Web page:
When you’re building your first product, you need something going for it. Especially if you’re not solving a completely unsolved problem (read: customers would accept anything, no matter the lack of polish), you need to offer an experience that beats the existing solution.
You may remember me writing about focusing on building the first iteration, getting feedback, and moving from there. I still believe this to hold true, but there’s an additional piece to the puzzle of getting your first users that I was missing before.
When given the choice between a product that feels like the creators spent a single weekend on and one that seems polished even though it offers the same (or fewer) features, people will go for the latter almost every time. Put differently, distributing your product is all about the experience: Can you make yourself look bigger than you really are (without being a fraud)?
For me, this idea is but a hunch, but the more I keep thinking about it, the more rational it seems. Sure, the whole early adopter model states that the most daring people are willing to explore solutions that lack a certain level of refinement, but we’ve adjusted to products that are well-built to a degree that was once exclusive to large corporations.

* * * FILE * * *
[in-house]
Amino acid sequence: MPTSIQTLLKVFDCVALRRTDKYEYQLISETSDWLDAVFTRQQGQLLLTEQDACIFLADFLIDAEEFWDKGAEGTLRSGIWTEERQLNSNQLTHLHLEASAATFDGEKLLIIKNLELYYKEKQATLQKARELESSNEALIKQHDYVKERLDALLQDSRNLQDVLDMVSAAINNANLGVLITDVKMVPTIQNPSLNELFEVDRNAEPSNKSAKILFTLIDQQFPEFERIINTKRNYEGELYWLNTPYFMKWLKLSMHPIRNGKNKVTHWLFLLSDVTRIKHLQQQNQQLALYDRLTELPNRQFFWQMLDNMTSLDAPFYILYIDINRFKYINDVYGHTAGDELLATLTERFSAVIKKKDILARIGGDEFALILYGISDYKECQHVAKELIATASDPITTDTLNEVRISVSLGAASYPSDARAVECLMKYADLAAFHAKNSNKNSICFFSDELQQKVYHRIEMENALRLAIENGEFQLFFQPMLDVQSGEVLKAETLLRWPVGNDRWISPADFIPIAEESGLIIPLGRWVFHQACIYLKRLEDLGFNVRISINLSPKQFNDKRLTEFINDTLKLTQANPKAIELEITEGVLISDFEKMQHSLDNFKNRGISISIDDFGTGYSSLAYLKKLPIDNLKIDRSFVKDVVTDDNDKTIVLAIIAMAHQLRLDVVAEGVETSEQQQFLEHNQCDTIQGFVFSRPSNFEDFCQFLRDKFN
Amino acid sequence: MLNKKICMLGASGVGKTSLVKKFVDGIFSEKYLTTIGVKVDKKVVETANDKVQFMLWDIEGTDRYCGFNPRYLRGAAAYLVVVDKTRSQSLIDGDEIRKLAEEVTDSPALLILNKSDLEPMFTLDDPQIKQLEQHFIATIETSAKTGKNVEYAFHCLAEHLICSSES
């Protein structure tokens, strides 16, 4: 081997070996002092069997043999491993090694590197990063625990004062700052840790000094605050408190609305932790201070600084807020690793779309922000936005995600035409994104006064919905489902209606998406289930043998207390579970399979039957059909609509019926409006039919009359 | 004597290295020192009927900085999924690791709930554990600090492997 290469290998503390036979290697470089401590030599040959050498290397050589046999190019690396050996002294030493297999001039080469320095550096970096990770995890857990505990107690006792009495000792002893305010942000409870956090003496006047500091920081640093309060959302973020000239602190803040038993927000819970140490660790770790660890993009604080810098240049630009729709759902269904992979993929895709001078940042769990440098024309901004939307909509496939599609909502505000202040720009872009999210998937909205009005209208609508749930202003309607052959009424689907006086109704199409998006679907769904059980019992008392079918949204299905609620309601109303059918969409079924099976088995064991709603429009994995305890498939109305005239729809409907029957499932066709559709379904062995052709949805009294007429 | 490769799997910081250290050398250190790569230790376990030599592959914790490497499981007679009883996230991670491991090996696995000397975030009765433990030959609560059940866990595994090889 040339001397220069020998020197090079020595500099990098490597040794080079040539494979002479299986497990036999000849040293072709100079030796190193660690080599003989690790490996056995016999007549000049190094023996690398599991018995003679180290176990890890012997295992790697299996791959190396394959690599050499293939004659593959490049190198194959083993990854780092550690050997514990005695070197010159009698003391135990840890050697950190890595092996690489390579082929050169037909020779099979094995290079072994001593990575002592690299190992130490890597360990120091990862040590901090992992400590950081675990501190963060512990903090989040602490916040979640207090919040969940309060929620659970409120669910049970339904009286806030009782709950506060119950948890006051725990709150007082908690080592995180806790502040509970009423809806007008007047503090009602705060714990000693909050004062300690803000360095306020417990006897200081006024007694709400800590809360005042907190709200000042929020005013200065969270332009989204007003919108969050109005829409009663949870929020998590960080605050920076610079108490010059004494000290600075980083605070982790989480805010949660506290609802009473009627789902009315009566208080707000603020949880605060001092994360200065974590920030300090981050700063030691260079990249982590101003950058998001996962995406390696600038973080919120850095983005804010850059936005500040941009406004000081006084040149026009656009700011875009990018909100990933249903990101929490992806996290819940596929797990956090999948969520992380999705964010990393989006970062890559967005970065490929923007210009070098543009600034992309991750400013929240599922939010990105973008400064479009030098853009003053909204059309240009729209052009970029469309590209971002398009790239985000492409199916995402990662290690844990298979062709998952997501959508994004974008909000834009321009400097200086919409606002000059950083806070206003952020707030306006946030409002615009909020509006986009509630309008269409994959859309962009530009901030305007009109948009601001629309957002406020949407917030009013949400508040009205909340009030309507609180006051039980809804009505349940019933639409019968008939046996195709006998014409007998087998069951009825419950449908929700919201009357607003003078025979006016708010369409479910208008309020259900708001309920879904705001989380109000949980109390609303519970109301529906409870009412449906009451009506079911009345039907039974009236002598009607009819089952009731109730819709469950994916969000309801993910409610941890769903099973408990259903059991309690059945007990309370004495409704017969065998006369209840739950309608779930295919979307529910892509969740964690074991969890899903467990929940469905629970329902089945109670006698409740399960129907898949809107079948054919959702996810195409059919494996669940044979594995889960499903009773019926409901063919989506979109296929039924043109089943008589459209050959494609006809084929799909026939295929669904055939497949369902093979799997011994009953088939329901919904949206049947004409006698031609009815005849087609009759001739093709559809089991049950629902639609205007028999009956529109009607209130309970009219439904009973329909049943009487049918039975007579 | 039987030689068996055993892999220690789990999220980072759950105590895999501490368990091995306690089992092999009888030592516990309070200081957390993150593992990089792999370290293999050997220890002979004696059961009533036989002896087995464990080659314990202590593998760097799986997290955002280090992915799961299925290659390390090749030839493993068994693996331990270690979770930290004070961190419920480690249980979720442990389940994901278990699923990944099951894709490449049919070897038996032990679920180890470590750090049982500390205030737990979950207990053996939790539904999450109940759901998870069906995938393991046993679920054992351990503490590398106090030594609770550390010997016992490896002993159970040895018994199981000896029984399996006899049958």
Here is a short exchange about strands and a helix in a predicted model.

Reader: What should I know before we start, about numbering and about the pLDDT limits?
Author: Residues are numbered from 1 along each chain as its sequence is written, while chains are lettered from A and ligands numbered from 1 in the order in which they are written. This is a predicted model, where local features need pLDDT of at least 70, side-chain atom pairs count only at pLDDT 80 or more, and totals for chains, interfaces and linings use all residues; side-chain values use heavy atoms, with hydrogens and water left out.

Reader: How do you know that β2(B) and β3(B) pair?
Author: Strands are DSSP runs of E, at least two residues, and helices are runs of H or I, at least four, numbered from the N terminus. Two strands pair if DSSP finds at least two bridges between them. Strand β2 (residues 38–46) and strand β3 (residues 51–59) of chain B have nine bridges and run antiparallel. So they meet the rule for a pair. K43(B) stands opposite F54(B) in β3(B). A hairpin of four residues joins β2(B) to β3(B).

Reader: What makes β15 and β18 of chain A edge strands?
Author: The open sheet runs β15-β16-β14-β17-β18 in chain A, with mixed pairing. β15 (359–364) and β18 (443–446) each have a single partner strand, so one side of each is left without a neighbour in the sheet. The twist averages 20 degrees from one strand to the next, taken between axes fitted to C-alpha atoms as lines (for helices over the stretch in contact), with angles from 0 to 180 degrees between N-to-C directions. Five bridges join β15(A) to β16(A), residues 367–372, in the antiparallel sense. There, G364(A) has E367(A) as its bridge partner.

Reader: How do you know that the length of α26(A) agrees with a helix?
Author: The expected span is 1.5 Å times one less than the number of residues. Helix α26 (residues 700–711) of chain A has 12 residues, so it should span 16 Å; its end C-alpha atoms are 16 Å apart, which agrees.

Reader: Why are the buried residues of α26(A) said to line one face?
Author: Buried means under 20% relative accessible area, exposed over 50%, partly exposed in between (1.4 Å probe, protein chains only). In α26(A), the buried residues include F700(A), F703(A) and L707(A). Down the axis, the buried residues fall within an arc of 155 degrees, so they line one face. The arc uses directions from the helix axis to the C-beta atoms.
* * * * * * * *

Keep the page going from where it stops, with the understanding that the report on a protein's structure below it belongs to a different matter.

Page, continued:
The good thing is, that product teams can follow suit and raise the targeted quality. The old idea of a weekend project MVP almost sounds too good to be true, and maybe that’s because it is: If you want to build something bigger than a passive side income that should last for years to come, you probably have to think a bit bigger, too.
This is not to say that we’re back to the build cycle with little to no feedback involved in the design process. In the best case, you’ve gathered lots of knowledge and insights from customer interviews and upfront research. If not, you may have to be more strategic in building, making sure you can deliver your product in chunks and get validation rather than going for the most polished version of your idea to find out nobody cares.
But even then, why do some products win merely on design and usability? The answer is that there’s more to product success than just an unsolved idea. I might go as far as to say that the idea is the least important piece of the journey: Ultimately, you need to deliver a product or service that’s better than your competition.
And that’s exactly what we’re going for with Anzu nowadays. I haven’t shared lots of progress recently, but we’ve been hard at work, and it will take more time still. The best thing about building products is that step by step, you learn and improve the process to build the best possible product to create real value. And oh boy, are we learning a lot.